"What is important to realize is that whether one comes by way of a “Semitic sense of sin”, or whether one realizes that the “I” is a fake I, one begins by being able to “do” almost nothing, other than reject one’s false states of being." 
http://www.gornahoor.net/?p=6514 (http://www.gornahoor.net/?p=6514)


Jordan B. Peterson's book Maps of Meaning is strongly recommended too. It can be read for free. 

"I had no idea where my search would lead me. I came over the course of a decade and a half to understand the meanings of many things that had been entirely hidden from me – things that I had cast away, stupidly, as of little worth. I came to realize that ideologies had a narrative structure – that they were stories, in a word – and that the emotional stability of individuals depended upon the integrity of their stories. I came to realize that stories had a religious substructure (or, to put it another way, that well-constructed stories had a nature so compelling that they gathered religious behaviors and attitudes around them, as a matter of course). I understood, finally, that the world that stories describe is not the objective world, but the world of value – and that it is in this world that we live, first and foremost.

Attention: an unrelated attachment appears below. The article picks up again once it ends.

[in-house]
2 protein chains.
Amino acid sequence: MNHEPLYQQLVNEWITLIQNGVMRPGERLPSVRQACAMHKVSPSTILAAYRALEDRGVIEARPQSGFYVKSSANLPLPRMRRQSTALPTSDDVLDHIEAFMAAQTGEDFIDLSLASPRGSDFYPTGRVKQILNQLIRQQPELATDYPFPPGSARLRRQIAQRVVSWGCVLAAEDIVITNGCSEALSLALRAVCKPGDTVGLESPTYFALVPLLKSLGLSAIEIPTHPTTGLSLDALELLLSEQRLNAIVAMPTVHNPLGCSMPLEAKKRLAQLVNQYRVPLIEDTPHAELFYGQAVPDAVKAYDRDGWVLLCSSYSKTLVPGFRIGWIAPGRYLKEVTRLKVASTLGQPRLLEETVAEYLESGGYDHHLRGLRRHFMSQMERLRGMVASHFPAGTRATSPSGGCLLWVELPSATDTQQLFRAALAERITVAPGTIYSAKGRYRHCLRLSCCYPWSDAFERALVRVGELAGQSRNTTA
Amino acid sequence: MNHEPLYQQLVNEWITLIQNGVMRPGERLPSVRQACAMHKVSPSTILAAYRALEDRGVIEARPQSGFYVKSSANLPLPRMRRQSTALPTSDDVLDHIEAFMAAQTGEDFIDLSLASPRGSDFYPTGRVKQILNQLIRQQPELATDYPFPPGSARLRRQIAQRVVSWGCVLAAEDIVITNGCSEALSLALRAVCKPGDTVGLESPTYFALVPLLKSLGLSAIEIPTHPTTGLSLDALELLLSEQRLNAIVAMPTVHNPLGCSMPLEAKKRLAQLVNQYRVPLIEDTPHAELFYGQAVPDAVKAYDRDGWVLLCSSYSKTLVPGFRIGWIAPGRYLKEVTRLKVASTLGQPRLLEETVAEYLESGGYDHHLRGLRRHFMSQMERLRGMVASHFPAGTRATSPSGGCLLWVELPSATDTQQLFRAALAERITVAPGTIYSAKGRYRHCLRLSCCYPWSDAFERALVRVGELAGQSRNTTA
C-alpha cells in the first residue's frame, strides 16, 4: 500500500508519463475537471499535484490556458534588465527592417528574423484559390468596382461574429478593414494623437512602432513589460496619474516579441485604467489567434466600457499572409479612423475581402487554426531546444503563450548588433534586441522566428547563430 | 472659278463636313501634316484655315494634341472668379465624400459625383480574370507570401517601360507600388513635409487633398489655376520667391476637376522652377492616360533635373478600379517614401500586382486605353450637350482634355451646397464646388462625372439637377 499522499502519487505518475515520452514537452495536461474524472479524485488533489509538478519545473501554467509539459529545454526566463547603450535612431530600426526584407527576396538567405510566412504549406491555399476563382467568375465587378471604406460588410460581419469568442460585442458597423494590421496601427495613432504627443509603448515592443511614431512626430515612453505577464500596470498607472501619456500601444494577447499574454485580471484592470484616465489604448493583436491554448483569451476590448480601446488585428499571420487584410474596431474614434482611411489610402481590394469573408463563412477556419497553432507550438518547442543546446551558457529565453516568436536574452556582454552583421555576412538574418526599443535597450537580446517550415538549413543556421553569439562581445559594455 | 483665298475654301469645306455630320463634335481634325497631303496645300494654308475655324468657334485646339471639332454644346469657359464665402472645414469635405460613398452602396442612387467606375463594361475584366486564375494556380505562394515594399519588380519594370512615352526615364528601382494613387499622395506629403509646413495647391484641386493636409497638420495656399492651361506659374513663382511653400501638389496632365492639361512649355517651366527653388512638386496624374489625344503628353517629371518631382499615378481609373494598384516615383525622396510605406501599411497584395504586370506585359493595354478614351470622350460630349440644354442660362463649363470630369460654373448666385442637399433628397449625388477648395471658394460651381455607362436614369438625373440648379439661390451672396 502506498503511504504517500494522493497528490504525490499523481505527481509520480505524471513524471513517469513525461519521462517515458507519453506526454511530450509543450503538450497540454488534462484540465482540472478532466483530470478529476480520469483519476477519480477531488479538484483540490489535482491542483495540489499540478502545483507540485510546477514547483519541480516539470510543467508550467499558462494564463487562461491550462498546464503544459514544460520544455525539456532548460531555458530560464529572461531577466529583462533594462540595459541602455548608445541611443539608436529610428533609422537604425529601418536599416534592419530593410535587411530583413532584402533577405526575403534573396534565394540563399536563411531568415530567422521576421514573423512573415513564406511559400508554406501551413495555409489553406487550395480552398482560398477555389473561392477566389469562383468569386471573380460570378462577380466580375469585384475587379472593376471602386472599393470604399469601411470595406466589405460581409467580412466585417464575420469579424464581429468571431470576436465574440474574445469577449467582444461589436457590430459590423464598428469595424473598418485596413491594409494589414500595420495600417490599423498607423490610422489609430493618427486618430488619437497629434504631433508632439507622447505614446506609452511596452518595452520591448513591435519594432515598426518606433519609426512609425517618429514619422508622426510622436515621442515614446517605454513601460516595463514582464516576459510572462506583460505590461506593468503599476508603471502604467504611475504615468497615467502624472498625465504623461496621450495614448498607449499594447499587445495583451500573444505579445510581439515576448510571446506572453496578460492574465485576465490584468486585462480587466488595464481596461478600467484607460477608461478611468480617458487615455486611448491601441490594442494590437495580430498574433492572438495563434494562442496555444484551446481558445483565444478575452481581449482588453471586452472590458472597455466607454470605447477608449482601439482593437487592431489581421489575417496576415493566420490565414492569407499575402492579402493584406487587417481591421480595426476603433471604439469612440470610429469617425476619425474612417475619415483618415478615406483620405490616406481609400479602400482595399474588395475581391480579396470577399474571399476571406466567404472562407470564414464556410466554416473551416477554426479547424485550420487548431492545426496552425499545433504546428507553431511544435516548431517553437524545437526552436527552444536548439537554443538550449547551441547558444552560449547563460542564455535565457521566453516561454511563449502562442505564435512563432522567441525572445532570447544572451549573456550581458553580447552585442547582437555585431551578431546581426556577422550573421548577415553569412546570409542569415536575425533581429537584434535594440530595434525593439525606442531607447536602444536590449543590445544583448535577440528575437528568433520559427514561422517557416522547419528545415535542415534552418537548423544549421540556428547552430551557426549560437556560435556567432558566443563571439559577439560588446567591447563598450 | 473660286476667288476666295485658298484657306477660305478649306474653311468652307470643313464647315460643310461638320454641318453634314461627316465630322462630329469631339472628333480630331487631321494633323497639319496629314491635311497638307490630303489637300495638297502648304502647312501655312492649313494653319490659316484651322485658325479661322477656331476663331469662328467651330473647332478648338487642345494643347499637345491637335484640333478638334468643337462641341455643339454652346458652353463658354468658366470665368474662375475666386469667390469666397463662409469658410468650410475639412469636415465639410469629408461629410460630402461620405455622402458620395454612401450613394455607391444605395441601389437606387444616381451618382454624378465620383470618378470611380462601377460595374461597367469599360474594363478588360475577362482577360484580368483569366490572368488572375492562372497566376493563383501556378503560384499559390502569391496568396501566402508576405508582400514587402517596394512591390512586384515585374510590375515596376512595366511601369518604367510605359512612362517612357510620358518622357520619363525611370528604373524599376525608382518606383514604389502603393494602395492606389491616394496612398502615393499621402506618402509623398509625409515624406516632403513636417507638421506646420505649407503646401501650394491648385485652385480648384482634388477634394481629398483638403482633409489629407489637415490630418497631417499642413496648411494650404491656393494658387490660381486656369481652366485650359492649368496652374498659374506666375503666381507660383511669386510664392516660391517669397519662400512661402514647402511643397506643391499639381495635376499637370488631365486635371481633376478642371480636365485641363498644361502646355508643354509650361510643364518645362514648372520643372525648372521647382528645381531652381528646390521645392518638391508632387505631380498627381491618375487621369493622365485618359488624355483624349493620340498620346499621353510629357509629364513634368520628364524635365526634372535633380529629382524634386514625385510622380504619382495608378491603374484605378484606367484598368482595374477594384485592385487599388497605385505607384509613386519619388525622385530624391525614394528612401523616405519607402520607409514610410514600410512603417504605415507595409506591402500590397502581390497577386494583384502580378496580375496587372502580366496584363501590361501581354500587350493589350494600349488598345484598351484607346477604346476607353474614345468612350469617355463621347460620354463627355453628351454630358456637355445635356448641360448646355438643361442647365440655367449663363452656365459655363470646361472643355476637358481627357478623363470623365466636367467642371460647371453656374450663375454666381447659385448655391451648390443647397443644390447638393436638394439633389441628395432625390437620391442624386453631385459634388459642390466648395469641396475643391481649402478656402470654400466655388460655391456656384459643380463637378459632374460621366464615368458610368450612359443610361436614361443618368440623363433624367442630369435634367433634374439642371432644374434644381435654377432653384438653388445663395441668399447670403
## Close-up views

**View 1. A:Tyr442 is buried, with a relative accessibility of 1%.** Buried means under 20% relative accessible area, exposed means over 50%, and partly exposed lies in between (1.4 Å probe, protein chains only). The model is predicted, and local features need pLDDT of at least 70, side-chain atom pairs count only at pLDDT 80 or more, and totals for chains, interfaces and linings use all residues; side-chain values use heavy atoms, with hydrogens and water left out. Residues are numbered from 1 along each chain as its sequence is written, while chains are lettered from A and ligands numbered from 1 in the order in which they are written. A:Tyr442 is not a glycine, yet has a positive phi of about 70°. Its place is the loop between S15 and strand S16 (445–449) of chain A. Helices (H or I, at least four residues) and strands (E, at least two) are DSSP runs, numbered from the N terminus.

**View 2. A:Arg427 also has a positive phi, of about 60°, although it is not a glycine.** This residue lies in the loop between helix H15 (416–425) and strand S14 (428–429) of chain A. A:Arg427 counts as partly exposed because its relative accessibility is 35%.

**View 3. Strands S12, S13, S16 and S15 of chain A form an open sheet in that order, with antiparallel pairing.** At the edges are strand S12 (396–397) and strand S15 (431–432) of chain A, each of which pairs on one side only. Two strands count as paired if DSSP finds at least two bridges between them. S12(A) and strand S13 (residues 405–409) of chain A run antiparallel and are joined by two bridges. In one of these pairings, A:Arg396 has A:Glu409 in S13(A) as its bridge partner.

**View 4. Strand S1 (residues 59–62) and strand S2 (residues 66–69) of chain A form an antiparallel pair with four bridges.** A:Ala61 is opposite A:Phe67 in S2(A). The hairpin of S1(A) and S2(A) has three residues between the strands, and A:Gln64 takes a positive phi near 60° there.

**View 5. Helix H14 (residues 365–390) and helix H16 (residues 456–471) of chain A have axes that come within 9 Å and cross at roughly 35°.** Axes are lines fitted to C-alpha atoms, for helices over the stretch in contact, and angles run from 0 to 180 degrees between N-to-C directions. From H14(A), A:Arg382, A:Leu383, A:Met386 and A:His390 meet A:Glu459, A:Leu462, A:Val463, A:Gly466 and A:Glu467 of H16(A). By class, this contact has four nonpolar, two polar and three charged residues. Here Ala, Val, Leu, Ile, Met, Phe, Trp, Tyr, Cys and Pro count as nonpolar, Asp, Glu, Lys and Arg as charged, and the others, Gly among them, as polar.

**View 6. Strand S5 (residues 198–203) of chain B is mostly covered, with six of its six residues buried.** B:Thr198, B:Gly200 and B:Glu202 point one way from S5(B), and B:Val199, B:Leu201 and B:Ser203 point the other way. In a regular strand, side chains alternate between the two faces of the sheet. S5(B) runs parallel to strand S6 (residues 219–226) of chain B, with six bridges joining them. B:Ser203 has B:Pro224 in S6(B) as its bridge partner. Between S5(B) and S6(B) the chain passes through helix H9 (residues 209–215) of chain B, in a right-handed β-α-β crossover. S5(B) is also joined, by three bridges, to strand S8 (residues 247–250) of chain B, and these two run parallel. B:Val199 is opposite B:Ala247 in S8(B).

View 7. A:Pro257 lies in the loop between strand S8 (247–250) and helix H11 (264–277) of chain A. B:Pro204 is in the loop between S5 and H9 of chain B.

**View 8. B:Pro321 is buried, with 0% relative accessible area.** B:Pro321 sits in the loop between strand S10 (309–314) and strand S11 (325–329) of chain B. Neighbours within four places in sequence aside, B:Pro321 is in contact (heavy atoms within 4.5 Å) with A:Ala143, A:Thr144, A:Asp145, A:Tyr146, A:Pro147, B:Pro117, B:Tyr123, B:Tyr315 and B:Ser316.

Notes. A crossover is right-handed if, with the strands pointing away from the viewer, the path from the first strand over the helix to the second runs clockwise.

This all may appear as something far removed from the original problem, but that is true only in appearance. I have learned what it is that makes the tyrant, and how attractive it can be to participate in that process. I have come to understand what it is that our stories protect us from, and why we will do anything to maintain their stability. I now realize how it can be that our religious mythologies are true, and why that truth places a virtually intolerable burden of responsibility on the individual."
https://jordanbpeterson.com/maps-of-meaning/ (https://jordanbpeterson.com/maps-of-meaning/)
Title: Re: You're not conscious
Post by: Mesozoic Mister Nigel on April 26, 2017, 02:31:00 pm
I do have to say, I don't buy into any "enlightenment" models of consciousness, at all. I don't think there is a higher state of consciousness, nor do I believe that most of us live our lives in a suboptimal state. I think that most of us don't spend enough time thinking rationally or methodically during the perfectly whole aware times we already experience. There just isn't any evidence for this mythical higher level of consciousness.

But, I may be getting hung up on the layers of mystical obfuscation. It's possible that what you mean by "awareness" is vastly less occluded than it seems.

That said, it seems to me that the real challenge for most people is not accomplishing a higher state of awareness or attaining conscious performance of tasks that have long since been relegated to automatic control, but rather, learning to be comfortable just existing in one's own skin. Attaining a state of contentment with being alone with the self. Becoming at home existing with the memories and thoughts that flow through constantly as a side-effect of multiple network emergent property of consciousness.
Title: Re: You're not conscious
Post by: Mesozoic Mister Nigel on April 26, 2017, 02:47:37 pm